Behind Gabrielle Union's sunbeam smile and Nebraska-bred sweetness is a brave actress.
It's what prompted her to take the iconic role of harried wife Alice Kramden opposite Cedric the Entertainer, as Ralph, in "The Honeymooners," opening in June.
And in "Neo Ned," a quirky indie movie showing this week at the Tribeca Film Festival, she plays a mental patient who avoids memories of sexual abuse by pretending to be Adolf Hitler.
Then she falls in love with a patient who's a neo-Nazi (Jeremy Renner).
"I read the script and thought, 'This makes me completely uncomfortable -- that's a good sign,' " says Union.
Born in Omaha, the 31-year-old actress graduated from UCLA intending to be a lawyer. But after doing some modeling, she happened into performing, and TV and film roles came quickly.
She played the tough squad leader in the cheerleading comedy "Bring It On" (2000) and was on the short-lived hospital drama "City of Angels" before becoming the first African-American love interest on "Friends" (beguiling both Joey and Ross).
On the big screen, Union says, she "ducked and rolled on the ground in action movies" ("Cradle 2 the Grave" and "Bad Boys II," both 2003) and did comedies like "Deliver Us From Eva" (2003) and "Breakin' All the Rules" (2004).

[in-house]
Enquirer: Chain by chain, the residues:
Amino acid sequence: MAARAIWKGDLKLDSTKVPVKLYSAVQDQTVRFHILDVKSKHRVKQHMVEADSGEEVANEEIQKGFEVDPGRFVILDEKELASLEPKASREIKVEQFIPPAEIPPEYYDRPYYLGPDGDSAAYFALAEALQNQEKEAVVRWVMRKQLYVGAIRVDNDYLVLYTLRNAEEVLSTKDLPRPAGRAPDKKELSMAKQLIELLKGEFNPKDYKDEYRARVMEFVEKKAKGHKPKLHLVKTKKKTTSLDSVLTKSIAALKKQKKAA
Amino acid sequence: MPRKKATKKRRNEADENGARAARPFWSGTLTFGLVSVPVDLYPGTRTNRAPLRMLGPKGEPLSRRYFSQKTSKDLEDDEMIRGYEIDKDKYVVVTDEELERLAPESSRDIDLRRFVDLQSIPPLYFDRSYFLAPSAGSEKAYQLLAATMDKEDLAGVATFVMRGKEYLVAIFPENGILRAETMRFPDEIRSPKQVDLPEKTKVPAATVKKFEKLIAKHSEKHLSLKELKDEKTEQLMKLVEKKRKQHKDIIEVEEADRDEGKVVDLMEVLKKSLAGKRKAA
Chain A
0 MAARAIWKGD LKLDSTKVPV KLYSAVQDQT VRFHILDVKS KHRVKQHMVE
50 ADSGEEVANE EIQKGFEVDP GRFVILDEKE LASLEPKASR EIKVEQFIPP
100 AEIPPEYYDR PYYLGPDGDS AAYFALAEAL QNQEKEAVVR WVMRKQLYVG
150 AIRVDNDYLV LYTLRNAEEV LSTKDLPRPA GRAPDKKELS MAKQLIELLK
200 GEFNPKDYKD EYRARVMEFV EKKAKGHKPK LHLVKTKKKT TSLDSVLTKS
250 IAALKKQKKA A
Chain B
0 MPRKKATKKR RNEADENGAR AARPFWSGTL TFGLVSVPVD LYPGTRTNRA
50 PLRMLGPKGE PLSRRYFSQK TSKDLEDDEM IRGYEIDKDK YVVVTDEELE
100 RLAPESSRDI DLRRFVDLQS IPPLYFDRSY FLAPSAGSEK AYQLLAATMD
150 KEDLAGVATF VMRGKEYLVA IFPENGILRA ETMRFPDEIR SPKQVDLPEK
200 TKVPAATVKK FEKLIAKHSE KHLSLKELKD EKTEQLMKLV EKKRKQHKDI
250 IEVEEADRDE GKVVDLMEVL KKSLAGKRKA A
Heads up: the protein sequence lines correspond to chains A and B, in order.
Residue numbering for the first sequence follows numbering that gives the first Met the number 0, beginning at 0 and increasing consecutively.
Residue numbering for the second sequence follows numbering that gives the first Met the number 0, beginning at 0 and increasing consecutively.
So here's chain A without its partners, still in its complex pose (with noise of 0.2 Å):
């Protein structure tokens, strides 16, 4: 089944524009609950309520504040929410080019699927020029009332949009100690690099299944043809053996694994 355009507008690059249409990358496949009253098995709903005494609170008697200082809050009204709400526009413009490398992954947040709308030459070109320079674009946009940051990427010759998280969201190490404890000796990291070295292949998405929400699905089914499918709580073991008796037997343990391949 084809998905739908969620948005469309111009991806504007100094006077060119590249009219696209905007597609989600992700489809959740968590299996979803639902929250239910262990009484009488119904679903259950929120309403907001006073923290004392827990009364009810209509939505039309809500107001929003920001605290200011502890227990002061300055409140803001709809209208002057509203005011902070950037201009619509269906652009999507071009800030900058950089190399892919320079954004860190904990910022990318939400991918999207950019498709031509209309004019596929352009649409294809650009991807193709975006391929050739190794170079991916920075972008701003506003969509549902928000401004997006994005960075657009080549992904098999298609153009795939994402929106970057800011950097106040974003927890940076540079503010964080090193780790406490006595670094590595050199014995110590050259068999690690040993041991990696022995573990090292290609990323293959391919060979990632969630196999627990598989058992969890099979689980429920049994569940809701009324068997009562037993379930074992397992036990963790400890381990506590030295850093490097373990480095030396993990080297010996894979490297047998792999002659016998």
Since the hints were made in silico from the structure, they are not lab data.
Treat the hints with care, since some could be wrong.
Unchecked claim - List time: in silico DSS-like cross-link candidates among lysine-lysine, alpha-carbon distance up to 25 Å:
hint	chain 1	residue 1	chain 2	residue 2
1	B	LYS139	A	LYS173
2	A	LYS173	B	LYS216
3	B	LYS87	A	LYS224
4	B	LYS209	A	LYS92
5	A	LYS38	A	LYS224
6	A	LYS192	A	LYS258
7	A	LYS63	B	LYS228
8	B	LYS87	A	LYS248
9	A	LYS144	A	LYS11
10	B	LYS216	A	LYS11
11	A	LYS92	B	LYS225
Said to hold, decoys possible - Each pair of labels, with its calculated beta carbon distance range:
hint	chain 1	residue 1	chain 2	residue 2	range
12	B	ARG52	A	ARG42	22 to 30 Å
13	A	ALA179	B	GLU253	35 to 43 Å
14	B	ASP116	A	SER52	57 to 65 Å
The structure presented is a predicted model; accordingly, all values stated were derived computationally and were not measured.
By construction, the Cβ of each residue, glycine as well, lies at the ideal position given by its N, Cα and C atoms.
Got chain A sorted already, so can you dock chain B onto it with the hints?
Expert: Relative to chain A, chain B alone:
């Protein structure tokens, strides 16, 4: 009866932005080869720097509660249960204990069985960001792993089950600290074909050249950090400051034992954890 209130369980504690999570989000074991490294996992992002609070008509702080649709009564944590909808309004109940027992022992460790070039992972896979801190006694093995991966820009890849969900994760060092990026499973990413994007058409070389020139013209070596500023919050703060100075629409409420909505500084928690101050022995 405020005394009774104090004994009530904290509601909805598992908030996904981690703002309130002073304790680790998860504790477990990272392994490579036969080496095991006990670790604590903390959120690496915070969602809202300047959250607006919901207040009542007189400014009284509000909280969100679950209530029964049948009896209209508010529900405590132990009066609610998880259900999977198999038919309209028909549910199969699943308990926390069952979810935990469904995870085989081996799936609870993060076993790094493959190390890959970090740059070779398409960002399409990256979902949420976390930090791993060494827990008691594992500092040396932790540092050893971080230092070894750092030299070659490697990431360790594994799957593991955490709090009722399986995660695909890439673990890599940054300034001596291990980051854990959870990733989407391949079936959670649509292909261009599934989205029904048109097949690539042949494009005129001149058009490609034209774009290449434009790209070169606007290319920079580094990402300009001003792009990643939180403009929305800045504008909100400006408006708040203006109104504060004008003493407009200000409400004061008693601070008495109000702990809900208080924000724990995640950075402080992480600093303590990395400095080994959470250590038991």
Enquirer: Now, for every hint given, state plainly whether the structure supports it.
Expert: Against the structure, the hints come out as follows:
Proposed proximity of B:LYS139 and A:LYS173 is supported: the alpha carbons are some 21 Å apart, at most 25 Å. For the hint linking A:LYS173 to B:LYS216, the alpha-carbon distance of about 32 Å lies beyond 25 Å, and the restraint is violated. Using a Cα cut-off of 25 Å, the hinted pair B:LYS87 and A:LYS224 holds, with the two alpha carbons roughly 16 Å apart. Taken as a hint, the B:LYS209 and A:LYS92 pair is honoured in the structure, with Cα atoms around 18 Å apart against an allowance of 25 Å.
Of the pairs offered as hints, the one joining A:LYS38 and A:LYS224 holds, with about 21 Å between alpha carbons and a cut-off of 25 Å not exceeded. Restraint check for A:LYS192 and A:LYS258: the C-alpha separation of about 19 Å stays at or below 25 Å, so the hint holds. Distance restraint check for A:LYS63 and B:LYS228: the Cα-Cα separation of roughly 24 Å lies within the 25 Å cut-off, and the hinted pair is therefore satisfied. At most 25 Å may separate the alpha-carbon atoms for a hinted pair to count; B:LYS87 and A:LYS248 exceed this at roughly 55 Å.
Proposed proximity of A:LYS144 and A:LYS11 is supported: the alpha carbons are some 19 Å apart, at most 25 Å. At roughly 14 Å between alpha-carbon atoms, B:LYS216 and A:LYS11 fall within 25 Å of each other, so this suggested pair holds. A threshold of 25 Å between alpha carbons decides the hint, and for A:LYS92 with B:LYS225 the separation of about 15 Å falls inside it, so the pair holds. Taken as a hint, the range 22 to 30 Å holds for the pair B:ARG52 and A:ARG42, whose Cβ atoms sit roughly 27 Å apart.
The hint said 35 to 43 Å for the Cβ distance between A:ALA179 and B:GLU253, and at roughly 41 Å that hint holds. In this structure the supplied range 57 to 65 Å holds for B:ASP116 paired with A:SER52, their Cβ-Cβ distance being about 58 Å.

After "The Honeymooners," she'll be in the movie version of Augusten Burroughs' best-selling memoir "Running With Scissors."
"My work ethic doesn't allow for idle time," Union says. "I try to use my summers for something different, which is how I found 'Neo Ned.' "
Union connected to her character by reaching for painful memories of her own: At 19, Union was raped by an intruder robbing a shoe store where she worked in California.
"I had to draw upon it," she says unflinchingly. "I understood how far the mind can go to protect you from reality. I thought about the points where I felt the most out of control of myself, and when I didn't want anybody to be around me. It was hard."
Union -- who married former Jacksonville Jaguars runningback Chris Howard four years ago -- says doing "The Honeymooners" gave her a different opportunity.
"It's such a beloved sitcom, and the dynamic works today as it did in the 1950s.
"But it's one of the few comedies I've done where I'm the straight woman, without the punch lines. It's hard to set up jokes and not get a payoff!"